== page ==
WHY is a successful career woman in the 21st century compelled to dress like Doris Day – and produce a mannequin wedding exhibiting full-on bridal mayhem – as a means to define herself in today’s society? This question, combined with Suzanne Heintz’s bold use of satire, is what first drew filmmakers Karen Whitehead (Dir) and Katherine Wilkins De Francis (Prod) to Heintz’s brand of art activism.
We came of age in London at an iconic time, when women were shaking up the image of a male-dominated business, political, and cultural landscape. Margaret Thatcher was Prime Minister; Anita Roddick founded the Body Shop; comedian Jo Brand was killing the stand-up circuit; singer Annie Lennox topped the charts; columnist Julie Burchill was daring us with her radical commentary, and Vivienne Westwood established herself as the archetype of punk fashion.
With this as our cultural backdrop – art, music and fashion played an important role, becoming a window into the politics of our time. Vivienne Westwood said: “My clothes have an identity. They have a character and a purpose. That’s why they become classics. Because they keep on telling a story. They are still telling it.” Like Westwood, Heintz communicates a narrative through the use of evocative costume, with colors, patterns, and textures that are a reminder of a time we thought had long been left behind.
At the core of our fascination with Heintz’s body of work (Life Once Removed stills and Playing House film shorts), is our identification with her role as a woman using visual art for social change. Whitehead and Heintz met in 2014 on a panel at an event exploring women artists as innovators and cultural leaders (She Crossed the Line, presented by Redline art centre, Denver, Colorado). The provocative statements Heintz makes through her fake family fit well in to the tradition of women artists, who were energized by the women’s movement of the 1970s and 1980s – encouraged to challenge the status quo in the art world and beyond.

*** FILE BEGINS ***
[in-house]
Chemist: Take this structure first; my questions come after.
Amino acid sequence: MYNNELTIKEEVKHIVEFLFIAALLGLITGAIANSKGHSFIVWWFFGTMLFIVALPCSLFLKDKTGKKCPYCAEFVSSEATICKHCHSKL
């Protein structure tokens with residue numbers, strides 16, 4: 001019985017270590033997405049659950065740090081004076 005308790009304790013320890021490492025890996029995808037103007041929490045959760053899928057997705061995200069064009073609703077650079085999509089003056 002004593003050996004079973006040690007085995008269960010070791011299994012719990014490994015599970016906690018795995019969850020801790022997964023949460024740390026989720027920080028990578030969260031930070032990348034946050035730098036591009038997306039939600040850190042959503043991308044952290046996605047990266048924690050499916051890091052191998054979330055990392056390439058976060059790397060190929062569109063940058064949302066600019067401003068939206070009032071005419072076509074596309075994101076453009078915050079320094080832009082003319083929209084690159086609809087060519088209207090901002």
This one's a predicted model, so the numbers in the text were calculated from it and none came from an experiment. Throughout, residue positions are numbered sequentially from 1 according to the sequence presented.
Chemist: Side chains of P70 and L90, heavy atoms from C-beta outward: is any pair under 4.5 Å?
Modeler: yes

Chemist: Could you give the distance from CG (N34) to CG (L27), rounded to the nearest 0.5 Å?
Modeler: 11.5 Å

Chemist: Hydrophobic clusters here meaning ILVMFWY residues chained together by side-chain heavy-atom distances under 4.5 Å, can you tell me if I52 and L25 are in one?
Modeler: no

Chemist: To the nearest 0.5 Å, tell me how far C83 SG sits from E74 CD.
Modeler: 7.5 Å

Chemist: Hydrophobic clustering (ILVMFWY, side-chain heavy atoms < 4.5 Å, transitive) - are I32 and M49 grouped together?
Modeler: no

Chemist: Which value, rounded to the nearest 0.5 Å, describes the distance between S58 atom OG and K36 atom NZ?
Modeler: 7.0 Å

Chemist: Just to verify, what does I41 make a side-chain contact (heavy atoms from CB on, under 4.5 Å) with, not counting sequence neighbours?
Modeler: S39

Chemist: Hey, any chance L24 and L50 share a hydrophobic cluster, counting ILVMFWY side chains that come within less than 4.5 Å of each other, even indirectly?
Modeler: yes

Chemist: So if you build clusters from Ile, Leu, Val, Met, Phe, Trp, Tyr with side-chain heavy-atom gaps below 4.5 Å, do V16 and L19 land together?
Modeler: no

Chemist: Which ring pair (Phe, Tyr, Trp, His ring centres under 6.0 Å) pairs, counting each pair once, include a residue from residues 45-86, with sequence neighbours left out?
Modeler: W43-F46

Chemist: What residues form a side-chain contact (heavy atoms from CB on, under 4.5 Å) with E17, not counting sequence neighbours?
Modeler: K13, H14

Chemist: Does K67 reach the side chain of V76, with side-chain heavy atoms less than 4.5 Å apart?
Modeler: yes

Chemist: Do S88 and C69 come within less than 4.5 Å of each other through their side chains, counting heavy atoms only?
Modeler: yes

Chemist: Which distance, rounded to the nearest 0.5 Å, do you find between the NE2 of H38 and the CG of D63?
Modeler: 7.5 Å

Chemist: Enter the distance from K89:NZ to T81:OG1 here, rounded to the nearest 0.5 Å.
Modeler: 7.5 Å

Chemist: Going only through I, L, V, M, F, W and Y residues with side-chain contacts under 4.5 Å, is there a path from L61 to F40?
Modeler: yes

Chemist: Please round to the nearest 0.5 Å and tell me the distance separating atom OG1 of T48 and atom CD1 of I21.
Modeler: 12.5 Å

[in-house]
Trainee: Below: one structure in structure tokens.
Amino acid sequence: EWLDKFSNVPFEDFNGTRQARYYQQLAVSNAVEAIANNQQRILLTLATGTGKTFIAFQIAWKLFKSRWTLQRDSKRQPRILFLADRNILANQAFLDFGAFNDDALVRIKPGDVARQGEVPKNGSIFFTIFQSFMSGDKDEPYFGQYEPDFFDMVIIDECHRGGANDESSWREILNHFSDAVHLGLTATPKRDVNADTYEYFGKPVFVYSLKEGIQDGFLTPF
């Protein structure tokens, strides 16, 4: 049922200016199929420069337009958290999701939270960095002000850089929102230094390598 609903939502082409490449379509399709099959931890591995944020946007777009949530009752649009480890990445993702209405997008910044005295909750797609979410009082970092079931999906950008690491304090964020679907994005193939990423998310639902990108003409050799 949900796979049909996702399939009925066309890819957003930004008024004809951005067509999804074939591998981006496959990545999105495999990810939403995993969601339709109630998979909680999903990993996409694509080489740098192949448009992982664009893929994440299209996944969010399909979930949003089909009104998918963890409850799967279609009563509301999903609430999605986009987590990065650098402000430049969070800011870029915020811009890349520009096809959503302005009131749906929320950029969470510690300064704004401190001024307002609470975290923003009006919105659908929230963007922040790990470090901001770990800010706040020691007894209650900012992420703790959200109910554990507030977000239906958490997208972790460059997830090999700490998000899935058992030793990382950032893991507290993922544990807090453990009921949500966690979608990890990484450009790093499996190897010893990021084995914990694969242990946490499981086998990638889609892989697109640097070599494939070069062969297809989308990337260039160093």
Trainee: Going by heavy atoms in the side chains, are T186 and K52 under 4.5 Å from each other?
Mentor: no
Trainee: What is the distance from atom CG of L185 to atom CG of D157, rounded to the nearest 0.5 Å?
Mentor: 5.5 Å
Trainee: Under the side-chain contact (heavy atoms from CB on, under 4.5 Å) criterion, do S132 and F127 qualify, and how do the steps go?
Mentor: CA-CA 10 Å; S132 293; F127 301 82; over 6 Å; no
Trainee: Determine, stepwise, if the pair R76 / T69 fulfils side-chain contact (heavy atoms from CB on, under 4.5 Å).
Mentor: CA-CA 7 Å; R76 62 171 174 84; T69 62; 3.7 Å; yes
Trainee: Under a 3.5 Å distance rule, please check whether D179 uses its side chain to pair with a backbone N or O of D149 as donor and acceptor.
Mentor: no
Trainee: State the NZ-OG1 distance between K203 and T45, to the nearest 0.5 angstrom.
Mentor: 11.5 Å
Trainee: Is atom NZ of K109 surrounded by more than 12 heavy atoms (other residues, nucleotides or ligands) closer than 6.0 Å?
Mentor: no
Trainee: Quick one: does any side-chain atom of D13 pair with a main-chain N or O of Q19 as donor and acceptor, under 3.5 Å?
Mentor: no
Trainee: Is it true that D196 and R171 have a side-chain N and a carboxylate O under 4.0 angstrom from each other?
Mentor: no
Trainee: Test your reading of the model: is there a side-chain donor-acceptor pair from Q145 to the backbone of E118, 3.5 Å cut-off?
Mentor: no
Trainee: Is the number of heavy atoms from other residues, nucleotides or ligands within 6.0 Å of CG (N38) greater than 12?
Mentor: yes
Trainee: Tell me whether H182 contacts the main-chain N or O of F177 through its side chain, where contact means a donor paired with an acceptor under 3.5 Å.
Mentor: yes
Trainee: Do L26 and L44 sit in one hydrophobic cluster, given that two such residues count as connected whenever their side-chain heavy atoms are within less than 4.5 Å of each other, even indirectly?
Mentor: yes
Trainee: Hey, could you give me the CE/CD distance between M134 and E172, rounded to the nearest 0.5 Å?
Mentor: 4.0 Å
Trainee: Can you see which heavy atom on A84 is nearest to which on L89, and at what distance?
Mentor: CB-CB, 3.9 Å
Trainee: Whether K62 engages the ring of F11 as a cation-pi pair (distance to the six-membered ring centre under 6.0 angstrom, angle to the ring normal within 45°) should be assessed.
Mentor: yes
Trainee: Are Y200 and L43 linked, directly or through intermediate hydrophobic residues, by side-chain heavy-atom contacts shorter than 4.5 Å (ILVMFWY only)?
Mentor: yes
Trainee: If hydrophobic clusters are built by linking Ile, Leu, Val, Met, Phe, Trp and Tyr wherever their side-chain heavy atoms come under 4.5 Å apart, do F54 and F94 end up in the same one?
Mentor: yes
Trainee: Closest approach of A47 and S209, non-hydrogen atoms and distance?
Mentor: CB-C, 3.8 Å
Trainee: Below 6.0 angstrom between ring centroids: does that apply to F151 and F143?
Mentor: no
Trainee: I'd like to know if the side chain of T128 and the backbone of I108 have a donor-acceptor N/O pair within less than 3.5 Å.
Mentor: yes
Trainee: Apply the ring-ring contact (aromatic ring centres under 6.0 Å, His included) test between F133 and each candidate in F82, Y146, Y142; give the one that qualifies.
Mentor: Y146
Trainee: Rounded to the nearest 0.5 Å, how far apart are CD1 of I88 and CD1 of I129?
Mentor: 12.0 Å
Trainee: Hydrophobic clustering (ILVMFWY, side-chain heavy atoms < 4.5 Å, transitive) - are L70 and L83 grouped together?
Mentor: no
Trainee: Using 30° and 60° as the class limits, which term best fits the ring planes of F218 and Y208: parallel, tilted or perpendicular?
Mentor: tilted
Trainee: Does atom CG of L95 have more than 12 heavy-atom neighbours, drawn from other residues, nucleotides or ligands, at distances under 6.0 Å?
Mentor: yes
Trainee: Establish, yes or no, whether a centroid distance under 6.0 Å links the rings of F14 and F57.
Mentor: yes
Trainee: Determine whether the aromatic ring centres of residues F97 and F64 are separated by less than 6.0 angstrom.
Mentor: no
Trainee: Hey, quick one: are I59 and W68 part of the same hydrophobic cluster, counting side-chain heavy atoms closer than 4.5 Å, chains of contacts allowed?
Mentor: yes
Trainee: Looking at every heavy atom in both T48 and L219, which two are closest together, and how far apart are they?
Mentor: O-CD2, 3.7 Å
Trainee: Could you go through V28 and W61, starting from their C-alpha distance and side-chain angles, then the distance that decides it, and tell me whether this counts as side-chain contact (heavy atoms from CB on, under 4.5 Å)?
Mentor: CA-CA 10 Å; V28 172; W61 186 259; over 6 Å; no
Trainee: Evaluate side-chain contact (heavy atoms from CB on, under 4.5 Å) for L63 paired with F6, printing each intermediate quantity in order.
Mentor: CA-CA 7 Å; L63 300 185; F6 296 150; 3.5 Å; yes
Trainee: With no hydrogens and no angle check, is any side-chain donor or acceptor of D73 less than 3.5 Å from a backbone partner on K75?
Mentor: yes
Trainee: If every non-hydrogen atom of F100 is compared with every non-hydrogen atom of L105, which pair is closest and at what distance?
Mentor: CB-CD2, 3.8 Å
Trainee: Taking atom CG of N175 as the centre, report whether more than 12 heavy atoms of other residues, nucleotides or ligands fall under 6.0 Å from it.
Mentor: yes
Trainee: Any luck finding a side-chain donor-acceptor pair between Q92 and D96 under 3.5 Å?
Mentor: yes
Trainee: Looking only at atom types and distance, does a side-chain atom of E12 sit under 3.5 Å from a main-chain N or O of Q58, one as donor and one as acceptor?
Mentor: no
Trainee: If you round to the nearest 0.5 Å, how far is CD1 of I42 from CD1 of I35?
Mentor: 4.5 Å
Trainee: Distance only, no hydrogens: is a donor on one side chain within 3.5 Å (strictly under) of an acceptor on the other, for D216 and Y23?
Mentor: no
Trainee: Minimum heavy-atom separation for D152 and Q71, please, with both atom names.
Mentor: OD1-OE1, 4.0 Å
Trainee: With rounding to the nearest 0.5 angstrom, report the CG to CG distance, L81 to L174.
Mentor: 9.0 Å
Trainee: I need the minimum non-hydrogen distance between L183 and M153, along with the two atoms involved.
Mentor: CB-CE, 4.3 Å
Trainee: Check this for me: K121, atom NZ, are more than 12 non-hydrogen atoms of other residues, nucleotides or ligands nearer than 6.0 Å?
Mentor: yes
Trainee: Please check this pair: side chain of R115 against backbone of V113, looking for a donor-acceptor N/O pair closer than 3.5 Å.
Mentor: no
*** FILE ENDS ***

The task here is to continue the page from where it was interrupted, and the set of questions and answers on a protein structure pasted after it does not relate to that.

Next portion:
“As a girl growing up in the age of the Equal Rights Amendment & the Women’s Lib Movement, I never imagined that I would have any limitations on what I could grow up to be. I assumed Gloria Steinem had that all taken care of,” says Heintz. “I believed I could be whatever I wanted, without the caveat of, “as long as you are a wife and mother too.” So why now, decades later, am I still having to answer to the expectations of my Mother’s Generation? Can’t we all move on to a new self-determined definition of Womanhood? Why must we continue to let Tradition do that for us?”
Fifteen years in the making, Heintz’s body of work references a picture perfect image of life, family and women’s roles that belong to 1950s TV family stereotypes, such as Ozzie and Harriet and Leave It to Beaver. Ozzie and Harriet may be dead, but clearly what Heintz is doing is disturbingly still relevant. Almost daily we find evidence of the disconnect between how women are portrayed on-screen and their real life experiences. This is backed up by countless statistics and reports published between 2012-2014 from organisations such as UNESCO and Geena Davis Institute on Gender in Media.
Judging from the increasing number of Heintz’s online followers, and continuing global media interest (incl. China and South Korea), Heintz is attracting the attention she craves to get the conversation flowing. We are interested in observing the evolution of Heintz’s work in the online space, and seeing how public interaction begins to change the narrative.
Despite growing up on the opposite side of the Atlantic (Heintz grew up in New York) – what connects us to Heintz is that we listened to the same soundtrack “at full volume” and believed there were no limits to what we could do or what we could become. We both got our starts in the film and media business, in London, at a time when gender equality became part of our DNA. One of the things that distinguishes our points of view, is that the three of us lead very different personal lives today: one is single; one is married with children; and one is married with dogs. The result is a powerful unity surrounding the image, along with our passion for telling women’s stories that are outside the mainstream.
It takes courage to put yourself out there. In presenting her life’s work, Heintz has subjected herself to much ridicule, dismissal, and misinterpretation. She has even been labeled ‘crazy’. Beyond the satire, Heintz declares she wants to produce a paradigm shift in people’s thinking and is crossing conventional lines to do so. As she says: “Someone’s got to do this work. It may as well be me.”